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According to this very active thread on FlyerTalk, Taca Airlines is offering 250 LifeMiles for each purchase made through its e-shopping portal through October 31st. (Hat Tip Mommy Points.) The most important part of this deal is, according to the terms and conditions, there are NO minimums on purchases. Conceivably, you could order many inexpensive items separately and rack up Taca miles quickly.

Many in the FlyerTalk forum are attempting to order multiple $1 items from various stores in the shopping portal. If everything goes as planned, they will receive 250 miles for each $1 purchase. Placing many separate $1 orders should allow the LifeMiles to rack up quickly.

Why should I care about a 250 mile deal from an airline I’ve never heard of?

Taca LifeMiles are a currency with legitimate value. Taca belongs to the extensive Star Alliance network, the biggest alliance. Here’s a list of the member airlines of the Star Alliance. Their award chart is roughly in line with other Star Alliance carriers, meaning to many places, it takes the same amount of LifeMiles to book an award as it would on other carriers like United.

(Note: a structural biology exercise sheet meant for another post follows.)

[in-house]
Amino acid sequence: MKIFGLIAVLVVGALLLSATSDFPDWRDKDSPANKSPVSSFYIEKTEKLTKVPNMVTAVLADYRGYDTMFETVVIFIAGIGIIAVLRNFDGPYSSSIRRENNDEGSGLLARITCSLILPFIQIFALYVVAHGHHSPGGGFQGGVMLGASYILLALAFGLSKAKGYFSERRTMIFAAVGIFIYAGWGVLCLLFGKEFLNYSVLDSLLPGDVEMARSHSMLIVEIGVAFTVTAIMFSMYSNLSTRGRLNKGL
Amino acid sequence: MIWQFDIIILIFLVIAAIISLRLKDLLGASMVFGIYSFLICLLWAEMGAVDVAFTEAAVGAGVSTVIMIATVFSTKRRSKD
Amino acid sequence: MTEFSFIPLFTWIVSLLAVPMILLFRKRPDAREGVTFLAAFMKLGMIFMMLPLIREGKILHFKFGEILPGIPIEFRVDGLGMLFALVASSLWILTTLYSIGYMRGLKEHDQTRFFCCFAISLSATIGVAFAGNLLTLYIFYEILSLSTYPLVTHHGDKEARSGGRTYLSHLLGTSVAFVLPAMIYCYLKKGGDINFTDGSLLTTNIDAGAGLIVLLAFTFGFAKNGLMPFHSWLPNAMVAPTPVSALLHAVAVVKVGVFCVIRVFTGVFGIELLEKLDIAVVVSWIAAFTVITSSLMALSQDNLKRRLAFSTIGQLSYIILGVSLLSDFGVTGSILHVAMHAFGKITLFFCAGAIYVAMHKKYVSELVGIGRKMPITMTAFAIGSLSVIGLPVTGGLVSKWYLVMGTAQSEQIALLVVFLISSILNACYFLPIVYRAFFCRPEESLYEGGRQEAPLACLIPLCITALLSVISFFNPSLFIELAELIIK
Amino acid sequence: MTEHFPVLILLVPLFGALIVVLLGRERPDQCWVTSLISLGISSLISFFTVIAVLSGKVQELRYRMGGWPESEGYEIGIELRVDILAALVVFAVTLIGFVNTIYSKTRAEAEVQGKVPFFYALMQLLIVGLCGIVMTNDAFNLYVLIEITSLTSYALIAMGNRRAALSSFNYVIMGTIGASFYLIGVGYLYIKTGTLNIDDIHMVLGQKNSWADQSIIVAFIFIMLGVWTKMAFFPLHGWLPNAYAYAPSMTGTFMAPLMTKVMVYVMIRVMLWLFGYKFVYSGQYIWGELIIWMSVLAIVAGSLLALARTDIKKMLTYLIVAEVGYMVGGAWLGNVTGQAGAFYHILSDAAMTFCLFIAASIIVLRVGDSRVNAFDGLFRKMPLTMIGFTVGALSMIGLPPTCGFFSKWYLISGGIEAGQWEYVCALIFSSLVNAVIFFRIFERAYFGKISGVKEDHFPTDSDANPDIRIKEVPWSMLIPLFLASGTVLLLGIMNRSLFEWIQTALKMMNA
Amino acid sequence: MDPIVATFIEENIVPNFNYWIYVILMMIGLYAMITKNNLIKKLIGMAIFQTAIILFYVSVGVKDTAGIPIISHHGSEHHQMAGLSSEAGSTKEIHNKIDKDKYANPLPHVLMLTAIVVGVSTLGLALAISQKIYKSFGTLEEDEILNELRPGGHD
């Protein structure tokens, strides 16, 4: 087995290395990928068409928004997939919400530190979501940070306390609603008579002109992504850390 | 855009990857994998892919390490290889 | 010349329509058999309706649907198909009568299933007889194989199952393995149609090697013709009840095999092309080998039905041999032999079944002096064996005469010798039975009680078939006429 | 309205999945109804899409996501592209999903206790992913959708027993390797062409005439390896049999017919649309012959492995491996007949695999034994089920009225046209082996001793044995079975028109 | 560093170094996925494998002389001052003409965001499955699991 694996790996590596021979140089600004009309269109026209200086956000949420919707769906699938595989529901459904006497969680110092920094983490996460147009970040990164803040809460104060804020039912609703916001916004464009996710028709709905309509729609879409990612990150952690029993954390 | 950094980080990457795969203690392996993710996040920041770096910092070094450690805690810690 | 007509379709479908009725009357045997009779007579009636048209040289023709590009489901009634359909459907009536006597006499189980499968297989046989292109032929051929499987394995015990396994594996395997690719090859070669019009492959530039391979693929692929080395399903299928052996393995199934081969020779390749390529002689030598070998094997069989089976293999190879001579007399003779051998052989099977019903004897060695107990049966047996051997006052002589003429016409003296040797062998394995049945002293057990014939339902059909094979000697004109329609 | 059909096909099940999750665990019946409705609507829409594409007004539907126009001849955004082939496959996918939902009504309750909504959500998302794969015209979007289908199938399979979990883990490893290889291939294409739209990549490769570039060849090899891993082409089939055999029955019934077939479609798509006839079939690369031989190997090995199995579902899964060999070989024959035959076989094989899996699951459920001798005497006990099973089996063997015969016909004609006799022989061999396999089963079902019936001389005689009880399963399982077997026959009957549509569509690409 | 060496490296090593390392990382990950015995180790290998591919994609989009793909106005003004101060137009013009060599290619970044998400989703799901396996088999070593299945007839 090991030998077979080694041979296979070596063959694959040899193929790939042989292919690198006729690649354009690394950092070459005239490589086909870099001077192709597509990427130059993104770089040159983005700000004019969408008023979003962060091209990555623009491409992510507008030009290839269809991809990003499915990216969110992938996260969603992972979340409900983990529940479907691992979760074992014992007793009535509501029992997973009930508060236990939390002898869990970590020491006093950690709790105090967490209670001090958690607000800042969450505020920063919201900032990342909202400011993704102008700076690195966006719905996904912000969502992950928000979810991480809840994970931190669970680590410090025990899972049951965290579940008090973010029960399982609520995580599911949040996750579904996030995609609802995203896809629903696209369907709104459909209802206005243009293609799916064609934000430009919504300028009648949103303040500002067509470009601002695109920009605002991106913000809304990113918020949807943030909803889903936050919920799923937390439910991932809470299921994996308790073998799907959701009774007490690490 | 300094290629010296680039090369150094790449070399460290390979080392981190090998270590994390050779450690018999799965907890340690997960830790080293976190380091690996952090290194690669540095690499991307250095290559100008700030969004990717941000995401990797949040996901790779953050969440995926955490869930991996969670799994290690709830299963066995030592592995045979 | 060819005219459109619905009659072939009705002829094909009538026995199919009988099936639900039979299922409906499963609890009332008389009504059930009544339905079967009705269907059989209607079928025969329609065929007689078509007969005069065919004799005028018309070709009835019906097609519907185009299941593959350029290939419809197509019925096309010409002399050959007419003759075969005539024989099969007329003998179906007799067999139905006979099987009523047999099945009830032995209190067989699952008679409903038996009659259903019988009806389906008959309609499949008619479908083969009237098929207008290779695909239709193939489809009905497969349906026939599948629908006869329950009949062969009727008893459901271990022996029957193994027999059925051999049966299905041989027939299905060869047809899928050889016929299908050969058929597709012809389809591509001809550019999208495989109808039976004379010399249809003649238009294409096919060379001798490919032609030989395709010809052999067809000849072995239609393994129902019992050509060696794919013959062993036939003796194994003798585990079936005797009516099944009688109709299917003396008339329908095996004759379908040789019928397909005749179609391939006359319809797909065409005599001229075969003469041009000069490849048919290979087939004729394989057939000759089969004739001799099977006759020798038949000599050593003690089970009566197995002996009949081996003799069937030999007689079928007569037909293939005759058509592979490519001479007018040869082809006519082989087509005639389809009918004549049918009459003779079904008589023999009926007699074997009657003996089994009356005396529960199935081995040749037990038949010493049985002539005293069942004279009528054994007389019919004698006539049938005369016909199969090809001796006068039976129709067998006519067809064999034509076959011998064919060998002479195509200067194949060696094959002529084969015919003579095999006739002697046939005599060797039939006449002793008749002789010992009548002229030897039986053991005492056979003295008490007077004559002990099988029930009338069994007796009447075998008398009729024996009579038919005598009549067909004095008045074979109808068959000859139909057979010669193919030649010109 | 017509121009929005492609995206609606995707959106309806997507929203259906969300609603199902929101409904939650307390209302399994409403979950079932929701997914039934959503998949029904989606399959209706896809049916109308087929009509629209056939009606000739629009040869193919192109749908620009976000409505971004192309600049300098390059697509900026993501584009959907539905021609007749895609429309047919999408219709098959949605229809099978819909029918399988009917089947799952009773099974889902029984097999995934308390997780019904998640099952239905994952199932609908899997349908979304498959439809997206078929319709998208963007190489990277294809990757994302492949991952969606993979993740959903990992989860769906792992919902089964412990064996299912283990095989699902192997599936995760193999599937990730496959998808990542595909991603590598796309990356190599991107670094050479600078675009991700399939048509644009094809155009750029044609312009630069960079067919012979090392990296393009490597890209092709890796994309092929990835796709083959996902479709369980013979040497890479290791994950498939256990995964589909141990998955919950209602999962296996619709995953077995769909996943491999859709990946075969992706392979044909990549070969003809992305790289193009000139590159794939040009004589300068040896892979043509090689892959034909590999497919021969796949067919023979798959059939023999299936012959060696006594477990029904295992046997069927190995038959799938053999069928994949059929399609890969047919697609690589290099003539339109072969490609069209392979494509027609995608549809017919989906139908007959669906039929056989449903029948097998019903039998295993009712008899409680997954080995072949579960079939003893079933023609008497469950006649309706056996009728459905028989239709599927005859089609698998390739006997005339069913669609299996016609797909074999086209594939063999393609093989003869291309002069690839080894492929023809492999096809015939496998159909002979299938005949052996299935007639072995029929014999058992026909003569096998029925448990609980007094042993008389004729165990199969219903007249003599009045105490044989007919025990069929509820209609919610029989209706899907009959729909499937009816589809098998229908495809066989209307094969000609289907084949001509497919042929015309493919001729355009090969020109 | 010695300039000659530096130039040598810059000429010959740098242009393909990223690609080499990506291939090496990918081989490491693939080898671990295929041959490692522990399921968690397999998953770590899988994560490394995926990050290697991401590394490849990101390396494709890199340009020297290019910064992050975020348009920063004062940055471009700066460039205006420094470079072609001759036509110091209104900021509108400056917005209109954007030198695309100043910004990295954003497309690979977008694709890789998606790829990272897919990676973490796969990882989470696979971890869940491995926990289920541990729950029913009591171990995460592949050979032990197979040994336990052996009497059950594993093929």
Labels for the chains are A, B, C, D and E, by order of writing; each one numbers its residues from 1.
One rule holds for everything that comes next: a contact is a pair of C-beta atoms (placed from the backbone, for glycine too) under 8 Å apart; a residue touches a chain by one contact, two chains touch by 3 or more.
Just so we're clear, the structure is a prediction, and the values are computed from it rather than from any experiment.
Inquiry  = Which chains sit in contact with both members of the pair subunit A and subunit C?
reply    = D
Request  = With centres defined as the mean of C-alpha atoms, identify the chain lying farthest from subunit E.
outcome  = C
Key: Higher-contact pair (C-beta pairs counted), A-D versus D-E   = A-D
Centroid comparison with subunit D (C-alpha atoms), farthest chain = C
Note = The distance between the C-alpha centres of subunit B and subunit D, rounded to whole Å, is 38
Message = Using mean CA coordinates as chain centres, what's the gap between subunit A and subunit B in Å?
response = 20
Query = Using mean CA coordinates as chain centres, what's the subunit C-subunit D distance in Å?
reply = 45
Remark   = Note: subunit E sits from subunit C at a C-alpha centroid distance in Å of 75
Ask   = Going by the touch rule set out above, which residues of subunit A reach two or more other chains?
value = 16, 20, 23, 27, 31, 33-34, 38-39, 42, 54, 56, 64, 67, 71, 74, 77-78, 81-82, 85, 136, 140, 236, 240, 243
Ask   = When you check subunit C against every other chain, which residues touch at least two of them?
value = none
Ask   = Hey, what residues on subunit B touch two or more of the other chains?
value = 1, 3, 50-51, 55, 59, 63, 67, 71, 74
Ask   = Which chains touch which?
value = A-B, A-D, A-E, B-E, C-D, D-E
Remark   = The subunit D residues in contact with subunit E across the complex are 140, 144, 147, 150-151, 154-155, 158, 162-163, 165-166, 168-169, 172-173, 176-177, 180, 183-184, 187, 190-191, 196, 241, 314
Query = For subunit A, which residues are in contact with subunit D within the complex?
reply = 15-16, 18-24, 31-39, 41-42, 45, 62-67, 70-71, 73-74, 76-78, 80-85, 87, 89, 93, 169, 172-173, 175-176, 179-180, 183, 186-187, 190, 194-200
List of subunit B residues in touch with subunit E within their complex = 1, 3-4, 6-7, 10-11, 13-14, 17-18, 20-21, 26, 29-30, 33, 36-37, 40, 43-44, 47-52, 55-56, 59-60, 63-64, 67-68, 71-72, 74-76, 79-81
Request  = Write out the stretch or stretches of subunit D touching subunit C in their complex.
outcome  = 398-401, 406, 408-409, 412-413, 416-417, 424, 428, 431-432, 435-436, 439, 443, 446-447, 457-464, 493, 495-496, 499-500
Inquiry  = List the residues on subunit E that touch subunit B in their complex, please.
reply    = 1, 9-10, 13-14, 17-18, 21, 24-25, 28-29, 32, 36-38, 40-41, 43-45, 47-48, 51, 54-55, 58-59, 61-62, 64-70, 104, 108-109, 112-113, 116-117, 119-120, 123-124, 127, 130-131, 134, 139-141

Even better, Taca does not impose fuel surcharges on award tickets like many international carriers. They also allow members to book oneway award tickets at half the price of a roundtrip ticket. Some Star Alliance carriers, like US Airways, charge the same amount of miles for a oneway ticket as a roundtrip.

How to get the miles

To take part in this shopping portal bonanza, you will first need to register for a Taca LifeMiles frequent flyer account if you have not done so already. Go to this link to create an account and click Enroll.

Once you have filled out all pertinent information, including your passport number, you should receive your personal Taca LifeMiles frequent flyer number and PIN to log into your account. You will need to write these numbers down, as they are important to access the LifeMiles shopping portal.

With your LifeMiles number and PIN in hand, click to the Taca shopping portal via the Earn button at the top right of the site.

Enter your LifeMiles number and PIN in the top right corner of the screen. Shopping portals track purchases using this member-specific information. If you don’t enter your number and PIN, you will not be properly credited miles earned through purchases. (If you’ve never heard of a shopping portal, read this post from my beginners’ series: Exploiting Shopping Portals.)